Three-time World Champion Peter Sagan set a new Tour de Suisse stage win record with his victory in Frauenfeld. We talked to the Slovakian the evening before the start of the spring classics.
Tour de Suisse: Did it feel a bit like coming home on this sunny day in Frauenfeld? It was your 16th victory in the Tour de Suisse. The finish line was covered with huge Slovakian flags and World Champion flags.
Peter Sagan: To be honest, every victory is nice, in every race. But my victories in Switzerland are better and setting a new record for stage wins is always a good motivation. The Slovak fans are incredible wherever I am in the world, they are always there and their expressions of affection drive me on.
TdS: This first stage win was your first victory after winning the Paris-Roubaix monument. After that you won three stages of the Tour de France. How important was your victory in Frauenfeld back then?
PS: It was a very nice victory, because the Tour de Suisse is a race that I really like. I love the landscape. The organization is fantastic. It runs like Swiss clockwork. The fans are great. There is a strong field of participants, which also makes the Tour de Suisse a perfect preparation for the Tour de France.
TdS: It seemed that people were talking more about your action in the third stage than about your victory the day before. Do you remember why you tried this brutal solo attack on the last climb the next day? You even left the climbers behind with this.
PS: You sometimes have to try something else, even if it is risky. This is also good for the spectators, the television audience and the race itself. It may not work in the end, but that’s how you create excitement and make the race interesting.
TdS: Science and technology are becoming increasingly important. Races are usually decided on the last kilometers. Tactics, resource-saving use of forces and performance values are often more important than risky driving and panache. Is it correct to say that you make a great effort not to follow this trend too much?
PS: I follow my instinct and it is nice to make races exciting. But we are professional athletes and have to adapt to the racing environment.
TdS: This year is already your tenth year on WorldTour level. How do you manage to still have fun at the race and on the bike?
PS: I love what I do and I love sitting on the bike! That’s my motto in life, you gotta love what you do. Only then can you be the best and have fun, even after 10 years.
TdS: After all your success and your single attacks the others in the peloton won’t let you pull as easily as they might have done at the beginning. How did you have to develop as a driver from the early years of Liquigas-Cannondale until today?
PS: I have developed as a person and driver, just as the goals and challenges have changed. It is clear that the further you progress in your career, the more goals you achieve, the different ways you approach things. The team or the sponsors have different expectations of you. Yet deep down I am the same person, I have not changed. I still like cycling and try to give my best in every race.
TdS: In Cannondale and Tinkoff you seemed to be a lonely warrior; now, in BORA-hansgrohe, you are the captain and the team has grown stronger and stronger with every year. How does that fact make the race different for you?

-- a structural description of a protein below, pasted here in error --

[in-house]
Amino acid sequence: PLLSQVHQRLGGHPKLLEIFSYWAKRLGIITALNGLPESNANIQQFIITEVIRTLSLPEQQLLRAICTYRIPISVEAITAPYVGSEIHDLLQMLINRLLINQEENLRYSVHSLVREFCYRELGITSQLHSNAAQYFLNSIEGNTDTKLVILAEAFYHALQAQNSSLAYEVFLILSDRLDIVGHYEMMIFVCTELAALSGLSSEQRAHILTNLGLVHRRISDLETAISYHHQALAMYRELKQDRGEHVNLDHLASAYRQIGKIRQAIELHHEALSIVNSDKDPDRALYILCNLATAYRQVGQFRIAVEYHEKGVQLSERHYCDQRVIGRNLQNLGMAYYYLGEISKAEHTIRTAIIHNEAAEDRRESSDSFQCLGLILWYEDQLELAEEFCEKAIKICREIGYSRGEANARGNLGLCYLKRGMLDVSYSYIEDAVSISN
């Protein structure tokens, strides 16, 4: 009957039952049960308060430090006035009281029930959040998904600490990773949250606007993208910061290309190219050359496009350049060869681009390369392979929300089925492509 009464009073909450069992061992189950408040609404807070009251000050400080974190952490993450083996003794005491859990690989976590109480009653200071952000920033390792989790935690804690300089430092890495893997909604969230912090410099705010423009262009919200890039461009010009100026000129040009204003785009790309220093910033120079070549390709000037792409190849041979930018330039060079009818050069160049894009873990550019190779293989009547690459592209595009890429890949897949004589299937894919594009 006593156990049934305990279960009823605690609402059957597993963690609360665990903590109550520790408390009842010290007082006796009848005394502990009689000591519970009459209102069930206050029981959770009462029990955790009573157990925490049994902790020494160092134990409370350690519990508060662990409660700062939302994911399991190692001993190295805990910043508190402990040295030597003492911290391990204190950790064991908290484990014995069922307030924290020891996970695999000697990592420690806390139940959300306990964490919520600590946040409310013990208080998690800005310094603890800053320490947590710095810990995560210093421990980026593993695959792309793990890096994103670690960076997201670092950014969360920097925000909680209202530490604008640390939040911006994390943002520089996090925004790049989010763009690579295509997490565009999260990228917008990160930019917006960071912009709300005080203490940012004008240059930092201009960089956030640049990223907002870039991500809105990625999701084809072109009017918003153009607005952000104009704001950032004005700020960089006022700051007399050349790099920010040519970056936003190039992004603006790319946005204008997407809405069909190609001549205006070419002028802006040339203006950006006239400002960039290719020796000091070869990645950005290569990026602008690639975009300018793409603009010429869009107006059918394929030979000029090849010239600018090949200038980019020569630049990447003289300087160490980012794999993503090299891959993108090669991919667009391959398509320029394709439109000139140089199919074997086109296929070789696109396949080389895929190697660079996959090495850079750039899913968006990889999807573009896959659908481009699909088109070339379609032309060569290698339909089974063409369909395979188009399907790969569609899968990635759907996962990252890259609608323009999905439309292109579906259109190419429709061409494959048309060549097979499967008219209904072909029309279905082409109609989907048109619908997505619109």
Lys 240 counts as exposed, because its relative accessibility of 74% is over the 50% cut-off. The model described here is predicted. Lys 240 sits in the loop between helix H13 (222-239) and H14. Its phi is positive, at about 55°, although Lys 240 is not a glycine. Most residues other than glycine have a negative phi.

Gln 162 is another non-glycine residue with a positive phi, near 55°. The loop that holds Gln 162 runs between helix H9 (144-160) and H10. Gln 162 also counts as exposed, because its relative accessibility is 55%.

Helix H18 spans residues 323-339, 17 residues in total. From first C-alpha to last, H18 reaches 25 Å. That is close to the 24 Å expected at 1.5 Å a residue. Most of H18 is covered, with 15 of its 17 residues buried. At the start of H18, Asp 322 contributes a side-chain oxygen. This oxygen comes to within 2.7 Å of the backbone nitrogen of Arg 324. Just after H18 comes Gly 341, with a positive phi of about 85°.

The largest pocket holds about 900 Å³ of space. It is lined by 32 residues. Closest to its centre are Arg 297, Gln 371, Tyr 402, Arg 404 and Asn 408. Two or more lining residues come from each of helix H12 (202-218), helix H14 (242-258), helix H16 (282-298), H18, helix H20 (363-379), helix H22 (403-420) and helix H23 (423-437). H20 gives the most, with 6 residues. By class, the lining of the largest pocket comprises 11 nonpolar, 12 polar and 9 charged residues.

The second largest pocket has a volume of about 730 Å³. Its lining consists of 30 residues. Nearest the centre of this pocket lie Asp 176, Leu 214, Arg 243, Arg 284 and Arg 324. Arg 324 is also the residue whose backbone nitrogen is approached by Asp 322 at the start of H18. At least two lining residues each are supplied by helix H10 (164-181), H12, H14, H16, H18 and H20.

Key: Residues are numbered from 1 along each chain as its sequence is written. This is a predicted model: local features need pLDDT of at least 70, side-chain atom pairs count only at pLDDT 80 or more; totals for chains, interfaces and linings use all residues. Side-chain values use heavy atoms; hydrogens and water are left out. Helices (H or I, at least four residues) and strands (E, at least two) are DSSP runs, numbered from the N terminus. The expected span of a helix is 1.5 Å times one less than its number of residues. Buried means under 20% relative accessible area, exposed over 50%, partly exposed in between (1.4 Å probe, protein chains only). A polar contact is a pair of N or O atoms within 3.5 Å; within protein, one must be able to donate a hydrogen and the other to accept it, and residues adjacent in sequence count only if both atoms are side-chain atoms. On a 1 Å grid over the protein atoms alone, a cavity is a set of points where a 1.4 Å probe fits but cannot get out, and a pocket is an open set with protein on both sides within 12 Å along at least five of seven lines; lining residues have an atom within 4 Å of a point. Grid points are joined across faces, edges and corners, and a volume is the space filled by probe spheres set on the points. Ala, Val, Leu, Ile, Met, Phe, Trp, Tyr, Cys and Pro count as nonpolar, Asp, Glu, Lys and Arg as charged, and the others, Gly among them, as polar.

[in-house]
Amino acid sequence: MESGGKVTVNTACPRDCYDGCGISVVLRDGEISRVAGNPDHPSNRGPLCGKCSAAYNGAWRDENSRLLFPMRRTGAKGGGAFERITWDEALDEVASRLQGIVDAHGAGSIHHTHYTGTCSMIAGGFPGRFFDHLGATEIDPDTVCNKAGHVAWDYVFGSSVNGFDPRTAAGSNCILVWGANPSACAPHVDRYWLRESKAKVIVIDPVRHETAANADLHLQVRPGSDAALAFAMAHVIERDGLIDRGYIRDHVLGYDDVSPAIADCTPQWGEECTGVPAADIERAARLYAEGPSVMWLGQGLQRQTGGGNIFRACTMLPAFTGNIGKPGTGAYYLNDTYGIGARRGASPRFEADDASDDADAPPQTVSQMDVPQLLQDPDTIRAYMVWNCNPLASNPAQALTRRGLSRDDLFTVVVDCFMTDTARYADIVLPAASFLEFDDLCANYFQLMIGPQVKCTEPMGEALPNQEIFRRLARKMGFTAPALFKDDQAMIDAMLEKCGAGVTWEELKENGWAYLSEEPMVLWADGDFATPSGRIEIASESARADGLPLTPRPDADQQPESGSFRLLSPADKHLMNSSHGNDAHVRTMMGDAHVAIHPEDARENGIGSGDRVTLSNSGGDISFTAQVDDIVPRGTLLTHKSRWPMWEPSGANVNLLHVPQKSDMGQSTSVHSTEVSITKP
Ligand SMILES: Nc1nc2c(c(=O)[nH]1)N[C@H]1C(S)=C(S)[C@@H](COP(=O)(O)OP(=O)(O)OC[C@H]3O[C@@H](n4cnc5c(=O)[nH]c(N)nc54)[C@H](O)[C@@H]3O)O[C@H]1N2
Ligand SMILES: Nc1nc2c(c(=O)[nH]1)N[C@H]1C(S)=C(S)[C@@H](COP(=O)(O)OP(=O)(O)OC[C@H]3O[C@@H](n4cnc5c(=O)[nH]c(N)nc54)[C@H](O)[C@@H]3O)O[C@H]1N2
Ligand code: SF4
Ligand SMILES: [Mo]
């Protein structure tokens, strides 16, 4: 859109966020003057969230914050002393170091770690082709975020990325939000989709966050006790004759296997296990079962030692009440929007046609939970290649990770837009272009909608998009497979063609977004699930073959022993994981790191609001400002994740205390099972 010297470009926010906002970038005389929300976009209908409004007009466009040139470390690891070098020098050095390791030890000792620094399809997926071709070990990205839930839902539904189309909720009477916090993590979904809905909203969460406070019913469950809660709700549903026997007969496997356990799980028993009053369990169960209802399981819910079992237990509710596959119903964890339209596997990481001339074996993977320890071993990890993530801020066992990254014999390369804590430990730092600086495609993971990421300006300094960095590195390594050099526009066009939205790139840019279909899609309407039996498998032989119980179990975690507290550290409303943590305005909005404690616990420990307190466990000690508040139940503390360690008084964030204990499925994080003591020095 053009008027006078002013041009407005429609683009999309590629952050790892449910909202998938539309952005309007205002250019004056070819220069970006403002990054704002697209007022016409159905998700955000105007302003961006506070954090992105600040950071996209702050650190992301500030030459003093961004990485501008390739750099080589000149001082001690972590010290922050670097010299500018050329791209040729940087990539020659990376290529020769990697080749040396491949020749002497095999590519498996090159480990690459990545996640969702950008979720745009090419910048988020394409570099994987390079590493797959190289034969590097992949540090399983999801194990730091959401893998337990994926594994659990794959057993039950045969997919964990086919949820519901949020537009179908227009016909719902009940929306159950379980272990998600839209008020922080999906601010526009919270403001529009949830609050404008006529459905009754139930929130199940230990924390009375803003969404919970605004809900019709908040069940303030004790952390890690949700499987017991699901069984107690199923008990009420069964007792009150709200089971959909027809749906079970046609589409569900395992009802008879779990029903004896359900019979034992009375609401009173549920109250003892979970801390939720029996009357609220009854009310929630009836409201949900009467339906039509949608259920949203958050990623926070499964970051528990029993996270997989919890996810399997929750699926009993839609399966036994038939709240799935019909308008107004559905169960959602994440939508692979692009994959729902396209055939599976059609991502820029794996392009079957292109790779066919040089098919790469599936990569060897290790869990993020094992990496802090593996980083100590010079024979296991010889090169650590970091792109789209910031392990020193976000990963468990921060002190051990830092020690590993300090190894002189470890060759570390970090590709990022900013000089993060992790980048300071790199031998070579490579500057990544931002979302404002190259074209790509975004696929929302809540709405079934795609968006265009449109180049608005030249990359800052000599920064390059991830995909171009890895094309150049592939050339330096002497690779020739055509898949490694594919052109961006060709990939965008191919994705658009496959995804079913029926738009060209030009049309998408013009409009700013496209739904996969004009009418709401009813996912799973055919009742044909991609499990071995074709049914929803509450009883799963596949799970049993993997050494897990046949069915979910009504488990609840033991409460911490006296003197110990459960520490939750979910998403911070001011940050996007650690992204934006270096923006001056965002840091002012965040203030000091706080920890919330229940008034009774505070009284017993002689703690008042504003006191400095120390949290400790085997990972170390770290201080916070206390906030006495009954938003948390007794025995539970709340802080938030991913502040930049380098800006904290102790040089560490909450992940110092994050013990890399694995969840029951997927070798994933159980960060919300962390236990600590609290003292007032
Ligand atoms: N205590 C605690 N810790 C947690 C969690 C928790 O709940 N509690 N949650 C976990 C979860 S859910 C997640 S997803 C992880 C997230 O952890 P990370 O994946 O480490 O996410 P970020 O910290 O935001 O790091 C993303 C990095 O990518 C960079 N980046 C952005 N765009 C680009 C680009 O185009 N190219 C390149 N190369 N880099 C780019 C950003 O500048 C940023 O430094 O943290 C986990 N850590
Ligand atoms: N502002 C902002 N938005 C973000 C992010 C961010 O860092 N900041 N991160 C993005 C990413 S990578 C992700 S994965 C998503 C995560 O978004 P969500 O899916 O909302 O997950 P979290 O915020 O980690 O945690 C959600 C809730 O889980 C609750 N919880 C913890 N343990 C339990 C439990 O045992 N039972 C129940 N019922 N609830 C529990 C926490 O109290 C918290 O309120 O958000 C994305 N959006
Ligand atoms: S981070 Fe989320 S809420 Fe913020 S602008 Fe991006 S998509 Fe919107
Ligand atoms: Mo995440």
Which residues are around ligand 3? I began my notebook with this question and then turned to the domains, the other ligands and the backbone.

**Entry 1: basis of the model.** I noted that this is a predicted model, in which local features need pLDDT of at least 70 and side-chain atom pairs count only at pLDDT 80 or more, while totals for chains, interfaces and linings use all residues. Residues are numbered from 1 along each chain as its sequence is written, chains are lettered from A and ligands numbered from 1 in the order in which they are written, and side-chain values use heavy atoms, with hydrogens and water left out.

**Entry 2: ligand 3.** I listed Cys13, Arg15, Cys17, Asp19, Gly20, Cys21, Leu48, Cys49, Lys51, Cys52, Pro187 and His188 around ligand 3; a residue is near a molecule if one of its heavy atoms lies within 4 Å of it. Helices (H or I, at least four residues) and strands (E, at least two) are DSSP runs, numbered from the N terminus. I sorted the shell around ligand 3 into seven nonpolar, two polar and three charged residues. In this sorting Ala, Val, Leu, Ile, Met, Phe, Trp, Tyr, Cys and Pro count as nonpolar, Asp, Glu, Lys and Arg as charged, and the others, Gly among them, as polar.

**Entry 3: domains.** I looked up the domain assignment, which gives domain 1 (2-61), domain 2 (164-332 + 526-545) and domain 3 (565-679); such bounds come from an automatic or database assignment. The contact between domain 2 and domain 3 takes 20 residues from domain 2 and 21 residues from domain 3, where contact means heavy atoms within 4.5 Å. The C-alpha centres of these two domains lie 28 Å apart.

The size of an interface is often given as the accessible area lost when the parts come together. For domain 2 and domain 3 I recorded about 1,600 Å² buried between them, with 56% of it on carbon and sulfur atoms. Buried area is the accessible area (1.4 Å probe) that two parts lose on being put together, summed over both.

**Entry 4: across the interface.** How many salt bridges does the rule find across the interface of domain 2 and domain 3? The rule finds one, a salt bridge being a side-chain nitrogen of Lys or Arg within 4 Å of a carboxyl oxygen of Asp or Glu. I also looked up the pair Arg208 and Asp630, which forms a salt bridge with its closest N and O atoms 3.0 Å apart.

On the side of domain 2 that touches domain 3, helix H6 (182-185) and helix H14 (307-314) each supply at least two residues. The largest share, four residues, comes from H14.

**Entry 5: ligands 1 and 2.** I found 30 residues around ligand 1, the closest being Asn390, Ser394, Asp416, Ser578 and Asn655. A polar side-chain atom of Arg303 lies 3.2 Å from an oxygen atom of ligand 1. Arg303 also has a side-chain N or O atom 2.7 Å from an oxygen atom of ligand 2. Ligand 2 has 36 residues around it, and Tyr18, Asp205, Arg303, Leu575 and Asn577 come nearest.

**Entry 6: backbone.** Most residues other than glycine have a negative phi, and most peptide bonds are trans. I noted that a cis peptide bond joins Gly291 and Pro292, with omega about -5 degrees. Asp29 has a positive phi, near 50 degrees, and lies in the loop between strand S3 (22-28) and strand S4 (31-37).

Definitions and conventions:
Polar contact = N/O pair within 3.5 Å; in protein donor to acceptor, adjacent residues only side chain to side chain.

PS: It’s completely different to being a young, almost unknown driver than having some of the biggest races of the season in your sights. You need backing, and that is what we at BORA-hansgrohe have done. I would say that in 2019 we have the most complete classic team we have ever had. We have built a stronger team over the last three seasons, we have taken on riders who bring strength and experience. It was an ongoing process. We will see how things develop this year.
TdS: This year you have a quite extensive program, which includes almost all spring classics. Will you try to concentrate on several races to see what happens instead of putting all your hopes and pressure on one or two monuments?
PS: This year I started my classic campaign a little later than usual, as it runs until the end of April. It would be foolish to concentrate on one or two races. When I take part in a race, I want to win it, especially when it comes to these races. I go to the starting line with only one thought in my mind: to give everything I have on this day. It’s what I always do, no matter where I drive.
TdS: Are you going on holiday again to relax a bit before you start at the Tour de Suisse and fight again at the Tour de France for stages and the green jersey?
PS: The period from February to August is the most intensive of the year, you spend these months practically only on your bike. You train or race. I don’t have a real vacation. I’ll do that later. On a day off, I relax best when I spend time with my family, my loved ones and my friends.
TdS: You race all over the world Can you think of anything special that you remember from races in Switzerland? Anything that grabbed your attention or caught your eye?
PS: The Swiss Alps are definitely among the most beautiful landscapes in the world, but the mountains and climbs are tough and never seem to end. You make one rise, and right after that another one comes.
TdS: Peter, thank you. All the best for all your races, and we look forward to seeing you in Switzerland in June.
PS: Thanks. I will do my best to thank as many fans as possible during the race. I really like the Swiss audience and the hospitality. It would be a pity if somebody is disappointed one day because I cannot give an autograph or take a photo. In such a case, this has nothing to do with the fact that I did not want to – it is just unfortunately not always possible.